Over the years, technology has grown increasingly intertwined in education, from the implementation of computer and the internet into classrooms, to today’s growing trend of providing students with their own laptops or tablets to further aid their education. But with so many new technologies emerging all the time, where should you start? Here are four great trends to adopt and implement in your classes as soon as possible if you haven’t already done so.
Over the years, SmartBoards have become a staple in many schools, and with good reason. Their ability to combine a traditional overhead projector and add in a myriad of digital advantages — like saving written notes or being able to move ideas around while brainstorming — has revolutionized day-to-day classroom instruction. And due to the success of SmartBoards, a new generation of interactive projectors has emerged in their wake. Companies like LuminVision are now creating innovative, interactive floor projectors that allow students to connect with their lessons in completely new ways. These floor projectors are especially effective in preschool and lower-elementary classes, as students are able to develop their fine motor skills through interaction with the projections and are also easily engaged with the bright, colorful images that they provide. Teachers can find programs for these projectors in a wide variety of subjects, ranging from forest and oceanscapes for science lessons to virtual sports to help encourage and promote physical activity.
If your class or school has yet to implement cloud technology, this trend is the one you need now. The uses and benefits of the cloud truly are endless. Materials can be uploaded digitally and are easily shared with students, eliminating paper waste in the case of documents that would have otherwise been photocopied. When proper licensing rights are secured, students can receive e-books, eliminating strain on the school’s library and freeing teachers to assign books that they might have previously been unable to use in classrooms due to the associated costs of purchasing hard copies of books. And perhaps most importantly, the use of cloud technology to manage assignments allows students to digitally turn in projects, eliminating the possibilities of lost assignments or printer issues that have plagued teachers for years. Yes, no more “the dog ate my homework.”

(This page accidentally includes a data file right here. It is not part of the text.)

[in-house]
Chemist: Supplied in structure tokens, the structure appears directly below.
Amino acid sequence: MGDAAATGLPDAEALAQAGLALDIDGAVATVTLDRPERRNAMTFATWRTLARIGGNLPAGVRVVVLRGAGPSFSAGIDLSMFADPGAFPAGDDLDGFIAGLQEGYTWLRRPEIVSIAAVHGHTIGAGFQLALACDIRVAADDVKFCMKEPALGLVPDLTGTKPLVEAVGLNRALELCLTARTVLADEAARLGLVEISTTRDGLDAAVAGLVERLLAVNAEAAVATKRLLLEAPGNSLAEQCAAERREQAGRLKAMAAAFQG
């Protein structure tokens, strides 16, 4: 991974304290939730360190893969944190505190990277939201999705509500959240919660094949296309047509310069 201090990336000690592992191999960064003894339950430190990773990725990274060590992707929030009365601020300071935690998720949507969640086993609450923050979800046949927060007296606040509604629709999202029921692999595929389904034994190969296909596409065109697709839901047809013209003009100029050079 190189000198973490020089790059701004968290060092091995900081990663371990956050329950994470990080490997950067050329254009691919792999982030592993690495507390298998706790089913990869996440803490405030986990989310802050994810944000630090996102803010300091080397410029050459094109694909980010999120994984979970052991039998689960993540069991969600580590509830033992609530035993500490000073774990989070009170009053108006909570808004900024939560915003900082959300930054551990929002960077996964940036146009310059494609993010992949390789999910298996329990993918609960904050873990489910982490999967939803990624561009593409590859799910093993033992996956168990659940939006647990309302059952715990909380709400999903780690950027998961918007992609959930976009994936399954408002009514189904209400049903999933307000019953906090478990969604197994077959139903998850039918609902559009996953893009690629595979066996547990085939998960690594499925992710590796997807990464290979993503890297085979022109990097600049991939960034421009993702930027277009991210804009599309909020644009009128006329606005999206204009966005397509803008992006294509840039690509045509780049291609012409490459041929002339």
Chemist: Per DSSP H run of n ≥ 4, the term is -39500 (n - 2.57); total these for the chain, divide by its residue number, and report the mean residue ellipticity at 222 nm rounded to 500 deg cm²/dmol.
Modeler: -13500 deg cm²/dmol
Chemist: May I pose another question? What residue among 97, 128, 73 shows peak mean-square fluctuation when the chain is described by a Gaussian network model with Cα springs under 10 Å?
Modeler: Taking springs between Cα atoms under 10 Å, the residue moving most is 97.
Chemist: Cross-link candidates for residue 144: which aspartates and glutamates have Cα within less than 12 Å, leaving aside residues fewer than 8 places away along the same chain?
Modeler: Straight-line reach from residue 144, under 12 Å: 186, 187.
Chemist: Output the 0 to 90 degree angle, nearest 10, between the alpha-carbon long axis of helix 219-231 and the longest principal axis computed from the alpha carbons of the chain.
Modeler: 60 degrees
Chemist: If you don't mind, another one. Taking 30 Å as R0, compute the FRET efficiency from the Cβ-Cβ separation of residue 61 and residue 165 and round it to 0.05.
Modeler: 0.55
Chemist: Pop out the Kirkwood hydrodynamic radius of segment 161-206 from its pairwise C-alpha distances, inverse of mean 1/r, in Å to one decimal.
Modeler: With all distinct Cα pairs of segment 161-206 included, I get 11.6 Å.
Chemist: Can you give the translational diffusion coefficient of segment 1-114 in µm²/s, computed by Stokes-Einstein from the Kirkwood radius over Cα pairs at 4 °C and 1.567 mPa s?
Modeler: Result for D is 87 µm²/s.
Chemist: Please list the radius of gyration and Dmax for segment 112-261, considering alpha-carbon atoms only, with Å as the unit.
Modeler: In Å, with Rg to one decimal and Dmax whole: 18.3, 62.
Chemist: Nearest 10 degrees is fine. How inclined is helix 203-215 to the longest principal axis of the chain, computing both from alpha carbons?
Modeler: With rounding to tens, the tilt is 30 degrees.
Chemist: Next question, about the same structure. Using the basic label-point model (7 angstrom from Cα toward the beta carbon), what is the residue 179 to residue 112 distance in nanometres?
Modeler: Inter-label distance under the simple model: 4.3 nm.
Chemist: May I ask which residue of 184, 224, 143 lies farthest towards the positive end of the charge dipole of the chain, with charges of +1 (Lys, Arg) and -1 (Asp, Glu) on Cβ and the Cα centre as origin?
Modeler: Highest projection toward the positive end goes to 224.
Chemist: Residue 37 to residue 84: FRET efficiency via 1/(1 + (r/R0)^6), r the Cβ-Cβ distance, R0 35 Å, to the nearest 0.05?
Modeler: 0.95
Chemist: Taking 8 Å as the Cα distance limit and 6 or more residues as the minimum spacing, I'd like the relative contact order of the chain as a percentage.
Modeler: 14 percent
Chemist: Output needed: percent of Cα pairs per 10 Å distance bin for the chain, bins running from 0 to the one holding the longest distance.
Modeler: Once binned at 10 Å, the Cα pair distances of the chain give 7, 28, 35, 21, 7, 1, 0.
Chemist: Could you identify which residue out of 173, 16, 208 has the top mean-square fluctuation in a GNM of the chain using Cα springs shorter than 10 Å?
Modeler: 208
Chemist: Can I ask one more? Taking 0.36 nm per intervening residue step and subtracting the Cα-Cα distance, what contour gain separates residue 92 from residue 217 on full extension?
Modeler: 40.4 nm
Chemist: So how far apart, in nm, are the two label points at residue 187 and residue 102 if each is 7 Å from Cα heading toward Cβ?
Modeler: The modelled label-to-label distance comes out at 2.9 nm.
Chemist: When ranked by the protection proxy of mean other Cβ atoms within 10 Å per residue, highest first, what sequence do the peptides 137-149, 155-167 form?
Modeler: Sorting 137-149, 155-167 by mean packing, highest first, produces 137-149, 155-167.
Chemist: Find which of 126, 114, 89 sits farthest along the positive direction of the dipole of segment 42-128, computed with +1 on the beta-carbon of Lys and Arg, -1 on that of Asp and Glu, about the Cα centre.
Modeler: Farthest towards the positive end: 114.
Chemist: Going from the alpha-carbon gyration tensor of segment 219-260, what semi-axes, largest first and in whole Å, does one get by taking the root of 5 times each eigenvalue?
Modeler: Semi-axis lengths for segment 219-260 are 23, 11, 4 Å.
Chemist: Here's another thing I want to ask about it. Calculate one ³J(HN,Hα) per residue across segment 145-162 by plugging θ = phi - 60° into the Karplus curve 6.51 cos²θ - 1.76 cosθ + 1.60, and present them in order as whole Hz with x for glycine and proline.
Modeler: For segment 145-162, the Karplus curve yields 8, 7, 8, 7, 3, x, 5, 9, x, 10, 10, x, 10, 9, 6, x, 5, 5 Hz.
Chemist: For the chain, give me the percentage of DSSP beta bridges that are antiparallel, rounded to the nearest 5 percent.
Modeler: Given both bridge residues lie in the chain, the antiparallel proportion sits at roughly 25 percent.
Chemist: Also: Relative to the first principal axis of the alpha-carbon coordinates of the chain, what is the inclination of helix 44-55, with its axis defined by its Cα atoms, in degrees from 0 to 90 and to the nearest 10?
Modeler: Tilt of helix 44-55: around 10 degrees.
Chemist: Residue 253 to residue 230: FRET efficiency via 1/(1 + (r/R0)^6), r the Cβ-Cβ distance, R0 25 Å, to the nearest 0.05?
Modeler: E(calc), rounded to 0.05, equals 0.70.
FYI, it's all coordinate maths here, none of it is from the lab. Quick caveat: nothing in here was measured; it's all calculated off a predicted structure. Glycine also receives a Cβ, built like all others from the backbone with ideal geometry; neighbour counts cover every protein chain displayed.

These might not be anyone’s first guess when it comes to new educational technology that can be implemented in the classroom, but drones can provide a wide variety of educational opportunities for teachers who are willing to look past their reputation as hi-tech toys. Their obvious application is providing students with a hands-on introduction to aerodynamics or physics- however, they can be used in almost any field to give a modern, updated perspective that inspire conversations and challenges students to utilize critical thinking. Drones that are equipped with cameras can be used to survey the school and its surroundings, giving geography students a unique, real-world example of mapping and topography, while those same cameras can also give art and film students new shots that they were previously unable to obtain. Engineering students can work on programming drones or, at a more advanced level, build their own drones. And although the FAA has recently relaxed their regulations on drone usage in educational settings, the remaining legality issues surrounding drone flight among hobbyists and professionals can spark debate in a social science or government class.
While many classrooms have adopted tablets for students due to their low costs, portability, and e-reader functionality, many educators have yet to fully utilize their full range of versatility, which can be discovered with apps. Some teachers might be nervous to introduce powerful computation apps like WolframAlpha into their classrooms because of fear that students might rely on it as a basic calculator and hinder their need to gain an independent understanding of the material. However, when used as a companion to course material, it can ignite and encourage learning, rather than obscure it, due to its wide array of information and ability to answer almost any question imaginable. And even if your class might not need a computational app, there are a wide variety that are suited for every discipline, ranging from Bluefire, which lets readers organize and annotate e-books across platforms, to Adobe Spark Video, which allows for fast and easy animations and presentations.
Feature image courtesy of Flickr, Tech.Co.